So sprach daz Wip : women in dialogue with lover and court in Middle High German and Romance lyrics of the twelfth century and early thirteenth centuries
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It is the purpose of this thesis to study a representative group of Middle High German poems, complemented in places by relevant Romance examples, in order to examine the image and position of the woman as portrayed through her relationships with her lover and the listening public. The first chapter looks at the early dialogue-songs which are characterised by the fact that the lovers do not generally communicate directly, but only talk about each other. Their sexual aspirations remain unfulfilled because of social restrictions. The last part of the chapter introduces an answered dialogue which gives new insights into the relationship between the protagonists and the listening public. The second chapter concentrates primarily on Reinmar's and Walter's dialogue-songs. It establishes that the image of the woman in these poems is determined by the poets' own needs and aims. The third chapter approaches the question of the variation of the image of the woman through an inquiry into the dawn-song. While following the development of the position of the woman from the potentially tragic to the comic it also illuminates the relationship between the woman and the male figures who appear in this genre. The final chapter sets against this an inquiry into the position of women in crusading and parting songs. These poems are all prompted by real-life situations. It concludes with a discussion of the way in which the woman's status depends upon her lover, as well as a description of changing attitudes towards the crusading movement. The most important overall conclusion is that the image of the woman is far more varied than is generally thought and that this diversity depends on the interplay between real-life observation and subsequent poetical relationship.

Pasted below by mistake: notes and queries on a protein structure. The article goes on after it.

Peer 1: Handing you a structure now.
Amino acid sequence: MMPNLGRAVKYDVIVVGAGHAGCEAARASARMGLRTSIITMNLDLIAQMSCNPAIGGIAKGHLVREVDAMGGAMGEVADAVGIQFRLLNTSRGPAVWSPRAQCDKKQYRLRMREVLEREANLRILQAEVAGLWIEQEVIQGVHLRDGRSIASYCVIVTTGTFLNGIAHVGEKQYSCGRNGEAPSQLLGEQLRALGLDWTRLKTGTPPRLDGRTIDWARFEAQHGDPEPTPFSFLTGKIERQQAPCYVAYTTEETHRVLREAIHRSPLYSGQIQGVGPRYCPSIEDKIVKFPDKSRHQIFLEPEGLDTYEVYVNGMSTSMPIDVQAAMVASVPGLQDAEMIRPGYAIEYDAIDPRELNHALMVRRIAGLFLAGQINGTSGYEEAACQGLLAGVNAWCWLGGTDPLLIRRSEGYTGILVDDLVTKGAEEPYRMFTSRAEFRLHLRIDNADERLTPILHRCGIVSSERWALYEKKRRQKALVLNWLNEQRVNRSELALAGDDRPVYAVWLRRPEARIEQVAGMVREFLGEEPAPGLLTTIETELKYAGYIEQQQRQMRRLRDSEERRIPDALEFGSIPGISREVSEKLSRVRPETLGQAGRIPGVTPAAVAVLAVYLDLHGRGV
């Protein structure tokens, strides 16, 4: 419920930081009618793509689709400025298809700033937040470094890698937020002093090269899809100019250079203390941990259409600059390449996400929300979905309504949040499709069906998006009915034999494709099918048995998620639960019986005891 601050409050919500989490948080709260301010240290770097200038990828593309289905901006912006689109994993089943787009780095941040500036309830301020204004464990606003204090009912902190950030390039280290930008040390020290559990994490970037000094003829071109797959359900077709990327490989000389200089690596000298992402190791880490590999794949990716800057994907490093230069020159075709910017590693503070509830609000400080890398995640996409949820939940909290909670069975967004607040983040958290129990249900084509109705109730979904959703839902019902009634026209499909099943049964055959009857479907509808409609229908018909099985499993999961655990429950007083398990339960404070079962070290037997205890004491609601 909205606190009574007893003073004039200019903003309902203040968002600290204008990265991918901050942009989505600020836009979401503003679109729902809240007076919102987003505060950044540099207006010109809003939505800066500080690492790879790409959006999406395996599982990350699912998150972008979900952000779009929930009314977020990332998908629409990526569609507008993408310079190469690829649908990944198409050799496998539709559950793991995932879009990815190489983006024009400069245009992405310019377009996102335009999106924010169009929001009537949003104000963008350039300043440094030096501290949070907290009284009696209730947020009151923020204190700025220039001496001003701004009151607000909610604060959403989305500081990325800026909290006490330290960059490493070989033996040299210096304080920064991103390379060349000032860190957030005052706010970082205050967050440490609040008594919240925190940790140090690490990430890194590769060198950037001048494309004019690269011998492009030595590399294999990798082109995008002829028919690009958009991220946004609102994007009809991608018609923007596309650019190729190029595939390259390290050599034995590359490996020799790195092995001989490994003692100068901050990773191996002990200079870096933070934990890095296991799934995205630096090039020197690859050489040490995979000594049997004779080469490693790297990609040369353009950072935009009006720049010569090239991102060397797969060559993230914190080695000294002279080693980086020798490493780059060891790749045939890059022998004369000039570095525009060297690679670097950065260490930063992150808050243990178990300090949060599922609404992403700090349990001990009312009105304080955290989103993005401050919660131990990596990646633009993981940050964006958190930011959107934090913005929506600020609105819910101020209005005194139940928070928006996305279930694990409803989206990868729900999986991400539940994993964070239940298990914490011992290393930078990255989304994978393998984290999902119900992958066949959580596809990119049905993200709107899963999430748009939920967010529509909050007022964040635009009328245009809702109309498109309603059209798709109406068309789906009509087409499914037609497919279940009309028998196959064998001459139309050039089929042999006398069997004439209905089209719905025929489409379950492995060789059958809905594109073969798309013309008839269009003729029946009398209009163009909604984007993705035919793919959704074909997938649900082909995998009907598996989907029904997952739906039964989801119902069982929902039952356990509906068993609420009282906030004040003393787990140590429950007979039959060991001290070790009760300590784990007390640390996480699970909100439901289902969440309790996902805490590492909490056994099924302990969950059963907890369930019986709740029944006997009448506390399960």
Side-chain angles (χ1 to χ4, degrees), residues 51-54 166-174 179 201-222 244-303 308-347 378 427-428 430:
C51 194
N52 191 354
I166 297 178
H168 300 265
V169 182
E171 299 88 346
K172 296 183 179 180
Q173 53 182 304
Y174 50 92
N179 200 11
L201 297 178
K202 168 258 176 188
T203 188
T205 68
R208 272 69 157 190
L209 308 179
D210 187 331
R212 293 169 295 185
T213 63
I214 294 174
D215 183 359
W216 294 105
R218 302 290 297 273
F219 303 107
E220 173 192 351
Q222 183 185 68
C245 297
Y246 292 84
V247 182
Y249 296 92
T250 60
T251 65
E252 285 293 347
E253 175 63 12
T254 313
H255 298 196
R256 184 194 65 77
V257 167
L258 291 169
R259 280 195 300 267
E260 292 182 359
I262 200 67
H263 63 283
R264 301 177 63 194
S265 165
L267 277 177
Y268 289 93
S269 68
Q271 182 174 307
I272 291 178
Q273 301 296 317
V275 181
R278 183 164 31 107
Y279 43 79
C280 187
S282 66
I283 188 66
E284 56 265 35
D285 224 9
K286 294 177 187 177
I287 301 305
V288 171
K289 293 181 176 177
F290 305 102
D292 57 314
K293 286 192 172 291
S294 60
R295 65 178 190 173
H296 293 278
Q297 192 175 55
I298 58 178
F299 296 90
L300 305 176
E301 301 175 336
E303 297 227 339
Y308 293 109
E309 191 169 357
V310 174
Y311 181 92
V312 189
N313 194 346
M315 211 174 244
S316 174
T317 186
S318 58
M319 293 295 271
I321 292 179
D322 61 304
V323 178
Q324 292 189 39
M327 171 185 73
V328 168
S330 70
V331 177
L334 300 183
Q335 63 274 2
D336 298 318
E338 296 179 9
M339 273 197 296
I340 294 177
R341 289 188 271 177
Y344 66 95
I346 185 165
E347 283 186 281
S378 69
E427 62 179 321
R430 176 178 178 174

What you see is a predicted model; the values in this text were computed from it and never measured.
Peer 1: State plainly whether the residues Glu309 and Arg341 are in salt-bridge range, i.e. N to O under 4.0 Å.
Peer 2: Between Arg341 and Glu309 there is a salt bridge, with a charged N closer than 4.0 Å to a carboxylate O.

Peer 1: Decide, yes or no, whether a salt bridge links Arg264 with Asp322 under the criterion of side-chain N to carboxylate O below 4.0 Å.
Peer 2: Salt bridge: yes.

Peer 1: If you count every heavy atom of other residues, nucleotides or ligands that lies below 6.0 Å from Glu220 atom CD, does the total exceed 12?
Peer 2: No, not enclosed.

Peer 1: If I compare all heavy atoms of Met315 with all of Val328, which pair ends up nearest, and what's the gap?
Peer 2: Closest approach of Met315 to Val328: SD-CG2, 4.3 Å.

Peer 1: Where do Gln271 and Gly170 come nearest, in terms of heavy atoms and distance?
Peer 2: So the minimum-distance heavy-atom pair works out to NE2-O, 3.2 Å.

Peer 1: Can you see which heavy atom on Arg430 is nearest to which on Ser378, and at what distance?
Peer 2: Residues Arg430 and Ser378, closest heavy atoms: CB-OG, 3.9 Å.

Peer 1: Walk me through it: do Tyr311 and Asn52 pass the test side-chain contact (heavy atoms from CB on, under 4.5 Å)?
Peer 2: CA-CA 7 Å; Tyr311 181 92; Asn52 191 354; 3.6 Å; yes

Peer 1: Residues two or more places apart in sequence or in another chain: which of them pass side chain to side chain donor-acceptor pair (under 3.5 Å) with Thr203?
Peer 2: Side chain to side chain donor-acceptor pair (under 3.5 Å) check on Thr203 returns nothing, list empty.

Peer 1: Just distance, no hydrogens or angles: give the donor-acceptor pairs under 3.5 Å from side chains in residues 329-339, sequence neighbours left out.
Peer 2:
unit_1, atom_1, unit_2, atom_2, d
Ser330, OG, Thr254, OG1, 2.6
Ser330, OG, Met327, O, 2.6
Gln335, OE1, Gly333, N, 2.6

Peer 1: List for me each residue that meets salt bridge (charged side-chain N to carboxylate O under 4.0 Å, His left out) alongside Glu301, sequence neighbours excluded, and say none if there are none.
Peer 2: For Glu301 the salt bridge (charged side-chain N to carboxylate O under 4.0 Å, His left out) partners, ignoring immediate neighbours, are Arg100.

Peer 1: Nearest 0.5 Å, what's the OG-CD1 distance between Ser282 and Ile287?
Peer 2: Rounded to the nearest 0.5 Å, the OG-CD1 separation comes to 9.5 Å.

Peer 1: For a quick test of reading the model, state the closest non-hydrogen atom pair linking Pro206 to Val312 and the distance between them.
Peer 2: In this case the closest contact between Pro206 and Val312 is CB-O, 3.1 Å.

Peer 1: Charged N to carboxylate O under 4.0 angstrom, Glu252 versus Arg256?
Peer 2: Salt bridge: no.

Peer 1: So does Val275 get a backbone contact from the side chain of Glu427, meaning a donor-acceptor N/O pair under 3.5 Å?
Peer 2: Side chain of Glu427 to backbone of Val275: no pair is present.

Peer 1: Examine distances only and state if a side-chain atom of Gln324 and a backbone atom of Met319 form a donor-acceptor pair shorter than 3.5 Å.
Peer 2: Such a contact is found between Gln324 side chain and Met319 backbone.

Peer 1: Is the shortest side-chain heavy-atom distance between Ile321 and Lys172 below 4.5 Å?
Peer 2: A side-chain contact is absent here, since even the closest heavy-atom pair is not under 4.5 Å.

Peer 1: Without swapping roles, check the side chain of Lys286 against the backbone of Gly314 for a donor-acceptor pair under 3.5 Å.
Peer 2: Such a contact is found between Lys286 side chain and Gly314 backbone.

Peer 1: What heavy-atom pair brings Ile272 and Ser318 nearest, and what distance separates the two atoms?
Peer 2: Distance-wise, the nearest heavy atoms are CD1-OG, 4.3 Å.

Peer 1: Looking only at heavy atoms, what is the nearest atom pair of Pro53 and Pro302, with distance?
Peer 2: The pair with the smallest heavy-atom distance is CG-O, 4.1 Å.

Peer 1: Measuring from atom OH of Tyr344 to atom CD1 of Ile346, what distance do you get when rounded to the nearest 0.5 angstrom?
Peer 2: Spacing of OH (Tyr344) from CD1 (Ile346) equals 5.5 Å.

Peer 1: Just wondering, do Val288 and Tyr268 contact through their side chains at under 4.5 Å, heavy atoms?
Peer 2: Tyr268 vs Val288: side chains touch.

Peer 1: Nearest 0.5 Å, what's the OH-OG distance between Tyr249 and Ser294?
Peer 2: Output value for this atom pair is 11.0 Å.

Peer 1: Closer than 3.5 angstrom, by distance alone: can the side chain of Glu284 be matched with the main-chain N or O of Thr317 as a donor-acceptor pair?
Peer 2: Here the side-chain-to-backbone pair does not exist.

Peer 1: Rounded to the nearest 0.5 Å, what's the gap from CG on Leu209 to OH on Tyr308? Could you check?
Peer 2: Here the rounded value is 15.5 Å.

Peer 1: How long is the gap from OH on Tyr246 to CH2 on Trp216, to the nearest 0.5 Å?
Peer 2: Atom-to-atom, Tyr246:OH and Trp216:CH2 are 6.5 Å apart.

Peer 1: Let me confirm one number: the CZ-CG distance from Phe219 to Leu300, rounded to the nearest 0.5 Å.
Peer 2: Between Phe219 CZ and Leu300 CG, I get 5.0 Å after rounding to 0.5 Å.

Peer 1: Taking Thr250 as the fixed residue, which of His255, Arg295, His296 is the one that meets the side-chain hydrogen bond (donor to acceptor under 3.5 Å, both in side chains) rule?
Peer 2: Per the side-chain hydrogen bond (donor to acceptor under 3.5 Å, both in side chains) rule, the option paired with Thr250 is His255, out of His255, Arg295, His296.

Thesis, MPhil Master of Philosophy
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